Call for Tiny Papers, a DEI initiative
If you are interested in helping review, organize, volunteer, and generally contribute to this intiative, kindly fill out this form.
Accepted conference papers at ICLR represent a high level of scientific quality. The other side of the coin is that they can be out of reach for those starting out, or from different backgrounds. We want paper publishing to be not only a showcase of achievements, but also a marker for valuable learning experiences made accessible to beginners and outsiders. Devising more ways to mark milestones and measure growth in an individual, or community’s maturity, is greatly conducive to both continually pushing the frontiers of science, and lifting people up in this process.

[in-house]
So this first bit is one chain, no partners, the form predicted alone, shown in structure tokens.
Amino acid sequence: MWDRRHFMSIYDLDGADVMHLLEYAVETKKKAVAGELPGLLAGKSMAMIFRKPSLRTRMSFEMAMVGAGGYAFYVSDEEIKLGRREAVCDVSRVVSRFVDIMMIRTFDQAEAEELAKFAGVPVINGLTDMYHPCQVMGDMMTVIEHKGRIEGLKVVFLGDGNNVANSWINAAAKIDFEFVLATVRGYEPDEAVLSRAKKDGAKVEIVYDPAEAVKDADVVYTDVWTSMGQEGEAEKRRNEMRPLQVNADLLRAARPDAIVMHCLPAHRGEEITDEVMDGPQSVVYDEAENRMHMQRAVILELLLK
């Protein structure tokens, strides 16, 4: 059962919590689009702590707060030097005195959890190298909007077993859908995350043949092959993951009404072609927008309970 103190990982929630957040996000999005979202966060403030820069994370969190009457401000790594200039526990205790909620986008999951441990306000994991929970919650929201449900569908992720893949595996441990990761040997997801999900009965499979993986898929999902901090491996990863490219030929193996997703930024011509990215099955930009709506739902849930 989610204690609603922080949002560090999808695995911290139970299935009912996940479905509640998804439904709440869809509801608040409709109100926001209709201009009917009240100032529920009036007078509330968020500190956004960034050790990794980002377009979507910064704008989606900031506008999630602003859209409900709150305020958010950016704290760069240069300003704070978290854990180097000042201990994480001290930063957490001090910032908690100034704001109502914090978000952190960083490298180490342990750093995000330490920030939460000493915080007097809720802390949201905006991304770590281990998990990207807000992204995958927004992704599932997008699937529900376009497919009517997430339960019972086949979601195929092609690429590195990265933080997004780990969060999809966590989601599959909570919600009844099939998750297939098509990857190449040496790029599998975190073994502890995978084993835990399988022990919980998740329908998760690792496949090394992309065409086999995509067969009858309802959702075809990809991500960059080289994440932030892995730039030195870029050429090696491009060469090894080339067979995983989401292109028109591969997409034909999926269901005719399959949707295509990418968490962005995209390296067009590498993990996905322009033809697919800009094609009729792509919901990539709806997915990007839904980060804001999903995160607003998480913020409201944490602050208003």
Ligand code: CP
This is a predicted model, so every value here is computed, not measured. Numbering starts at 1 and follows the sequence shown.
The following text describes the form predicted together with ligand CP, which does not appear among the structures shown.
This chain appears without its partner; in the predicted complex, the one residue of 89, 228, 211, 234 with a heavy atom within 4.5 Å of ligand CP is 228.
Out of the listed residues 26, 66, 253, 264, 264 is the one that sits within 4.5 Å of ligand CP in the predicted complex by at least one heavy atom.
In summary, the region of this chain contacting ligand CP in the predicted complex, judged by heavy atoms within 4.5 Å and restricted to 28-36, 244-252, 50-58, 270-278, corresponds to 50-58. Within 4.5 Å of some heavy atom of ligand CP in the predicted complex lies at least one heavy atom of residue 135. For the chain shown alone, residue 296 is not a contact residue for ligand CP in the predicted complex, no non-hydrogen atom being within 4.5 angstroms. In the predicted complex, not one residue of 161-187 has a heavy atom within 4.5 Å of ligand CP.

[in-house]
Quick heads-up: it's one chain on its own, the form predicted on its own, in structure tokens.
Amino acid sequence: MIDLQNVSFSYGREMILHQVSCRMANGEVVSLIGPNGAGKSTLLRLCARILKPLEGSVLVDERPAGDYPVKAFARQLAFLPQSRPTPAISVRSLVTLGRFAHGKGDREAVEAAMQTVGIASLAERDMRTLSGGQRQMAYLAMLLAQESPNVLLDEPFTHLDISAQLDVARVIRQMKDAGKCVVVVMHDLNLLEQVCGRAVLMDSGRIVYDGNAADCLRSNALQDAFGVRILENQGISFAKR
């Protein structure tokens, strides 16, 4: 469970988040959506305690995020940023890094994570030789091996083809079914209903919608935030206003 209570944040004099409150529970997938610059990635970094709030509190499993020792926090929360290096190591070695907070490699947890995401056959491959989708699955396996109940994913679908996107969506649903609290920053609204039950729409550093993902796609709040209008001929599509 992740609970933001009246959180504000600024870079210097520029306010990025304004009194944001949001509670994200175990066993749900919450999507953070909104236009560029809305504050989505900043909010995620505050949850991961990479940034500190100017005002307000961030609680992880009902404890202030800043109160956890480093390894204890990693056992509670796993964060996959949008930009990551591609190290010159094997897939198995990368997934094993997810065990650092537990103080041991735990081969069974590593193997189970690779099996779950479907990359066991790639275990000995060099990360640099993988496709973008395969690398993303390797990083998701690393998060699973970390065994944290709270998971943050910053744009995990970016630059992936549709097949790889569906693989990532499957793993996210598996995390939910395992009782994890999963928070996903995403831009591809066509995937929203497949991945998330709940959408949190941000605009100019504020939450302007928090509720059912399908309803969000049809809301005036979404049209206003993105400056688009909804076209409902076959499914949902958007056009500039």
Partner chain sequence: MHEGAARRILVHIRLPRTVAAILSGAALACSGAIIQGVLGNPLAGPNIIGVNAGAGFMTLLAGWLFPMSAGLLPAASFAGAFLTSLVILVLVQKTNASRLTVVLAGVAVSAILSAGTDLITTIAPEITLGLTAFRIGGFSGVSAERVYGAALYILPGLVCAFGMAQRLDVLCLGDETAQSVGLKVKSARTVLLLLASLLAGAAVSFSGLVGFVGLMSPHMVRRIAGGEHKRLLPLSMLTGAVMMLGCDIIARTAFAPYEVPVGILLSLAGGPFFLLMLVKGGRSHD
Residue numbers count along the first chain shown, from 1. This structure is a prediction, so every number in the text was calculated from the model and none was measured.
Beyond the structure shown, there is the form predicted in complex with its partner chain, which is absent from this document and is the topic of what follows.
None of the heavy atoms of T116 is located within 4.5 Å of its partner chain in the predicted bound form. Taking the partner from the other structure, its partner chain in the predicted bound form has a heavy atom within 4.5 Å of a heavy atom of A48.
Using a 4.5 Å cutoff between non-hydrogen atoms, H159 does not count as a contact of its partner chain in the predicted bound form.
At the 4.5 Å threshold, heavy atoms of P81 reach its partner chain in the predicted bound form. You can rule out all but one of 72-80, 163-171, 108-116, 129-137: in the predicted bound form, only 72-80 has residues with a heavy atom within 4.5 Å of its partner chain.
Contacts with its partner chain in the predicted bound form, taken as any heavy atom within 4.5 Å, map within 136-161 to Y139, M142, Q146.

Researchers from underrepresented backgrounds are not necessarily equipped with the same resources to publish full papers from the start of their scientific journeys. To create a more inclusive ICLR community, we as organizers need to create more pathways, and reasons for people from various backgrounds to enter, stay, and grow in the machine learning community.
To that end, we are launching a more approachable format to publish, kick-start, and collaborate on ideas, “Tiny Papers,” as part of the DEI initiative of ICLR 2023, with the hope to attract more underrepresented, under-resourced, and budding researchers to join the community in a meaningful way. Not only will this additional, and different, venue to publish usher in new researchers, it will also serve as an efficient platform for disseminating ideas, findings, and opinions.